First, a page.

At the beginning of post colonial Africa, many developed countries poured their funds into Africa. Former colonial powers wanted to maintain their influence in their former colonies.
Those that never owned colonies in Africa wanted a place and influence of their own in the new Africa which at first showed a good deal of promise both economically and politically.
At that time, the international community was divided into two blocs; the capitalist which believed in free market enterprise and the communist or socialist which believed in State ownership of capital.
The capitalist bloc consisting mostly of western European and North American countries was led by the United States; the communist bloc was led by the then Soviet Union. Most of its members were in Eastern Europe.
The third group of countries consisted developing countries most of which had just emerged out of colonial status and were underdeveloped economically.
It is this group, known as the Third World, that was seeking development aid from either the West (capitalist) or the East (communist).
In granting aid to a developing country, countries of the western bloc either openly or covertly informed the recipient country not to fraternise with communist countries.
Members of the Third World insisted on aid with no strings attached. They said they wanted to be left free to befriend any country in the world.
Economically, developing countries which benefitted most were those which obtained aid from the developed market economies. That is North America and Europe. These were the wealthiest countries. They had markets which seemed capable of absorbing unlimited imports from their aid beneficiary countries. Countries such as Taiwan, South Korea, Singapore made no pretence of being neutral between East and West.
They stuck to the western camp which bought their exports, first primary products and later manufactures and they developed fast.
What we have been talking about are political strings. With economic strings, a country that received financial assistance from a developed country had to spend the money in the country that gave that assistance.
If a developing country A wanted money to buy railway trucks, developed country B in providing the money would insist that A should buy the railway trucks from its people and companies.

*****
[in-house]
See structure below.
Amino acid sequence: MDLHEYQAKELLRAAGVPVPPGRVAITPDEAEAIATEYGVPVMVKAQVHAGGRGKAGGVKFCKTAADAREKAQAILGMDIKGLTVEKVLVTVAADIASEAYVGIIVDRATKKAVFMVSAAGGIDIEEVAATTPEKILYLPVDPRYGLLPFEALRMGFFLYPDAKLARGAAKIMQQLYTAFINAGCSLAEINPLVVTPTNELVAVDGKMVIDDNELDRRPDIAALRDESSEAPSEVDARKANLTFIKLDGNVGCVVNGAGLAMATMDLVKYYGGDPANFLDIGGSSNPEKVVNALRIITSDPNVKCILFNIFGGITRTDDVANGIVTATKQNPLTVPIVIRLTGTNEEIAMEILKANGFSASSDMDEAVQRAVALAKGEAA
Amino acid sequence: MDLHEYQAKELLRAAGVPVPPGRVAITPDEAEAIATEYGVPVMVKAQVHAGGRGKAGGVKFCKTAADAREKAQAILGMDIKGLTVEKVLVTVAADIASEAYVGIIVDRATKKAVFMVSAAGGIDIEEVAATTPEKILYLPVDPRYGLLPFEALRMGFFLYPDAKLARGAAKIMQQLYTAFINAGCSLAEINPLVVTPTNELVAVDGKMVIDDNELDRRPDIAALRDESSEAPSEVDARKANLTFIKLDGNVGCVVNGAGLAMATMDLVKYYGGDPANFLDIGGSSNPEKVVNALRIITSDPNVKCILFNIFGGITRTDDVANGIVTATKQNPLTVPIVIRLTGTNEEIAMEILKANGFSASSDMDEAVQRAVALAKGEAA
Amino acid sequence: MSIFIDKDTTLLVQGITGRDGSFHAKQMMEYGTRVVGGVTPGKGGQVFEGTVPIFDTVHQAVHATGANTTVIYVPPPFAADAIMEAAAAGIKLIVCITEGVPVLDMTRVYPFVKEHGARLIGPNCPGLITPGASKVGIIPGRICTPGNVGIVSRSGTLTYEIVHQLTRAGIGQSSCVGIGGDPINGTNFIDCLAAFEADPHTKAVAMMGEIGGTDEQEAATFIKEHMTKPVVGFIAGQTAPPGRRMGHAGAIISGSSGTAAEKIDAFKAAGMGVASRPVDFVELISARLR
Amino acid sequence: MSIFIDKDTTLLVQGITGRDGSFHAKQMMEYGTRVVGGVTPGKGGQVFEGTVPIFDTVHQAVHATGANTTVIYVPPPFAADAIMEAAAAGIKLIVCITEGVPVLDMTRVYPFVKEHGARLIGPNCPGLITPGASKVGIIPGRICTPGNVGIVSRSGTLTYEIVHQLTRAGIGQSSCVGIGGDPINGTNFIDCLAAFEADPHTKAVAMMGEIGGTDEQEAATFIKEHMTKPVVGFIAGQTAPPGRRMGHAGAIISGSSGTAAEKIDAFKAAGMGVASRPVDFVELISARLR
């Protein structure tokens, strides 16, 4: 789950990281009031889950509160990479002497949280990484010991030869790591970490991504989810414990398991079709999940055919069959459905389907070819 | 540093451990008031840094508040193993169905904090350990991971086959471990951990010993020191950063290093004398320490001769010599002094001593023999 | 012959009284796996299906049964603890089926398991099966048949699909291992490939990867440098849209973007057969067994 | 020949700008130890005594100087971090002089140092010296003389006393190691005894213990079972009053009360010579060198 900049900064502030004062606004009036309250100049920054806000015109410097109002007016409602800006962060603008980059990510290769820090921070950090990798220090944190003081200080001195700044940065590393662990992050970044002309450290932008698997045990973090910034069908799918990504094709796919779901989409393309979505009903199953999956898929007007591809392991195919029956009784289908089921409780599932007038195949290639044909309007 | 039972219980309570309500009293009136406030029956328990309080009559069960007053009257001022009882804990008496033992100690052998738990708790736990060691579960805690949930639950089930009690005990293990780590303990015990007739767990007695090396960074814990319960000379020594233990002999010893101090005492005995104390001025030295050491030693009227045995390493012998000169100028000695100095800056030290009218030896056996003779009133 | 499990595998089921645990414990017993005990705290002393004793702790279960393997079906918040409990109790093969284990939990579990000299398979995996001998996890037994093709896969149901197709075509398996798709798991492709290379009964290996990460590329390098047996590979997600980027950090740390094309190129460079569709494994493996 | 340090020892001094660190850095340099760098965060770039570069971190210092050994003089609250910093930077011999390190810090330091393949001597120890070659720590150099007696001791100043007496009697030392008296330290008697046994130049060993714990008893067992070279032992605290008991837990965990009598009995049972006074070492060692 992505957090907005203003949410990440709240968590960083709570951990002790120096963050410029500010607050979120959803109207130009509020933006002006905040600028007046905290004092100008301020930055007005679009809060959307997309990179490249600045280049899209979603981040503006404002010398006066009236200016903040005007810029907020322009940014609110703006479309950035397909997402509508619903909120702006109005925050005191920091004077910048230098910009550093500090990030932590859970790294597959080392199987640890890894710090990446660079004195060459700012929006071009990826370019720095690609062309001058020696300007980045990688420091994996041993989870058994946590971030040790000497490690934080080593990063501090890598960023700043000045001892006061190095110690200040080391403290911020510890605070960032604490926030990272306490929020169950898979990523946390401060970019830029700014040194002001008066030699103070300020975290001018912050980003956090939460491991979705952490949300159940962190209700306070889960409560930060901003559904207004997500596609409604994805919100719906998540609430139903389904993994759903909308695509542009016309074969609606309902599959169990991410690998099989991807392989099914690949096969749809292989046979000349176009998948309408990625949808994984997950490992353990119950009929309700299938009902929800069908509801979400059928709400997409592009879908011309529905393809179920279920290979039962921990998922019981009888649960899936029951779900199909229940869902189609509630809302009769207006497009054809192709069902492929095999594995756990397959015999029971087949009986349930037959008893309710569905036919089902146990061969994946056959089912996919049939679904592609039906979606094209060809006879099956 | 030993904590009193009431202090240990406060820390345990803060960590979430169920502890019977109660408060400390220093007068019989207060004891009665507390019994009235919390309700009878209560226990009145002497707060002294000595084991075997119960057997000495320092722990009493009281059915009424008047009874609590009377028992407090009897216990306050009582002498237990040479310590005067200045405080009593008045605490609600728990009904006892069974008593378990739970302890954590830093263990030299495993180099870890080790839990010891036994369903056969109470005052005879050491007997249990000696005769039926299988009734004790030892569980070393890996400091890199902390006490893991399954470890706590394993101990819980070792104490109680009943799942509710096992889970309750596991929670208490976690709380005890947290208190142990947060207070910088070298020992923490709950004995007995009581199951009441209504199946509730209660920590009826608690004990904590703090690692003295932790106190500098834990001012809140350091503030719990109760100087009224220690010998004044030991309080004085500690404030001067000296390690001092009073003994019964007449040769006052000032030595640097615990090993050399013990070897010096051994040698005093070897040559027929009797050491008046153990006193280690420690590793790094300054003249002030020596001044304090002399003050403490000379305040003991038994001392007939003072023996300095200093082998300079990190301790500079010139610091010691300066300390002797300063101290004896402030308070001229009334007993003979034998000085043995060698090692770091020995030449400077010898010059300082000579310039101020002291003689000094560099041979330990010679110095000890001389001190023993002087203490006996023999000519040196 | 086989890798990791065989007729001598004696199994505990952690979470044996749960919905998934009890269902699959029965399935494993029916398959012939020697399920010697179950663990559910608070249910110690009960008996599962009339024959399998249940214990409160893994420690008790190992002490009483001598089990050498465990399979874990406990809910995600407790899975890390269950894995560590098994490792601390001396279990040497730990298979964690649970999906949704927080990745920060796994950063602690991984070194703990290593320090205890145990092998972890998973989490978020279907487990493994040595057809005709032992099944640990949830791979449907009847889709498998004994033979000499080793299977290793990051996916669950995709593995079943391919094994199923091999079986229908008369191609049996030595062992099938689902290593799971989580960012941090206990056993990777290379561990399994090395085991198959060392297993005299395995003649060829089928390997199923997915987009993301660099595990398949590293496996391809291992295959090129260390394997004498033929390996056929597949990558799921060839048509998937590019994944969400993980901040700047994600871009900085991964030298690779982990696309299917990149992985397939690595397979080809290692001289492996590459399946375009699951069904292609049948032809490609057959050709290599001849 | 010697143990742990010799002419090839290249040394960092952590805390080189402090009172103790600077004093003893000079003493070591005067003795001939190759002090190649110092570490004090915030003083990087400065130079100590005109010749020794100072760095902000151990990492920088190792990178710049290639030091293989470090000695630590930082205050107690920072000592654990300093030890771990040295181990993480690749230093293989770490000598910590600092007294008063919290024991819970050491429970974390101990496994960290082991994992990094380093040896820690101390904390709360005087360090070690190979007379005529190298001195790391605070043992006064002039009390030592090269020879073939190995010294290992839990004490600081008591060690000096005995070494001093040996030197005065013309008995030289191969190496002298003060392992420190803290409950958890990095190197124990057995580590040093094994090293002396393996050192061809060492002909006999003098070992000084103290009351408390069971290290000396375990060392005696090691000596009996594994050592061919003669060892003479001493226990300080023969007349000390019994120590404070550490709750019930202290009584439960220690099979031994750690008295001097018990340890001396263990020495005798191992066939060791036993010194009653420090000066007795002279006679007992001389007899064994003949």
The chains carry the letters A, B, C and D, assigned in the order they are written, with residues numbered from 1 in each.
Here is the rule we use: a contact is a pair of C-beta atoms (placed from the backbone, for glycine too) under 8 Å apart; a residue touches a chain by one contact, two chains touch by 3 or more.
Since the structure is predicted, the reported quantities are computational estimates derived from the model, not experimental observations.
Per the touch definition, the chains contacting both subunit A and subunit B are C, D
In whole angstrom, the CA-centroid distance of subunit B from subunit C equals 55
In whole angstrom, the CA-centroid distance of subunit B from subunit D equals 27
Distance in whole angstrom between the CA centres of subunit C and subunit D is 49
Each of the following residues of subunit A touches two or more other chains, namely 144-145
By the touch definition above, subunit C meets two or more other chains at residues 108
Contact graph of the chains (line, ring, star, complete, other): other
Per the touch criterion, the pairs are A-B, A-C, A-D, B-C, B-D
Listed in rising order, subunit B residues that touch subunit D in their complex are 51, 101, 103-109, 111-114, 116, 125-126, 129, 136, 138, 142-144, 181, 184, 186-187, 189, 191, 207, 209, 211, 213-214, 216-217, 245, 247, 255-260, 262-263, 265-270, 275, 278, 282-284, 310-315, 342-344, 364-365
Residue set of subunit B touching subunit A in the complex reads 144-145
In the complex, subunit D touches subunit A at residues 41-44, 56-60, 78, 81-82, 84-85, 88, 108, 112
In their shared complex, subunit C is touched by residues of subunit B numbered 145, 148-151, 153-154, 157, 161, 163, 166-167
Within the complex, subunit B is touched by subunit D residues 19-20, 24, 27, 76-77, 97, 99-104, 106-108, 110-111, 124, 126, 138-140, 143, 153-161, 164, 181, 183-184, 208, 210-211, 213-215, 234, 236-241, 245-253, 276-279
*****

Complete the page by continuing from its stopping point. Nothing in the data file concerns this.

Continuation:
In providing aid, country B wanted to expand its exports to the developing country and avoid balance of payments problems.
The aid receiving countries resented this condition because they were compelled to buy expensive goods from the benefactor than they could buy on the open market. The aid giving country was seen as overcharging for its goods.
With the end of the Cold War from 1989 onwards, developed countries started imposing conditions for offering aid which were more beneficial to people of the aid receiving country.
The aid giving country now began to talk of human rights, good governance and accountability. The donors wanted their aid to alleviate the poverty of the masses of the people. Hitherto, to some rulers of the aid receiving countries had been pocketing the money and banking it abroad.
The world heard of Sani Abacha of Nigeria and Mobutu Sese Seko of the Democratic Republic of Congo, but these were just the colossuses among the multitudes.
Some African members of ruling elites resent these new conditionalities as a form of neo-colonialism. But most of the common people have welcomed them for they have been instrumental in getting rid of one party dictatorships and the amassing of the wealth by a few.
In Malawi, diplomats have insisted that the Anti-Corruption Bureau (ACB) director should be appointed at once because they feel a good deal of corruption is going on undetected or just ignored while on the other hand, we hear of people facing starvation because they lack food or money to buy it.
Again, we hear of junior officials in some cities erecting mansions worth millions of kwacha and we wonder how they are able to do this with a modest salary.
Those who are supposed to protect public property seem to be turning their eyes away. Why?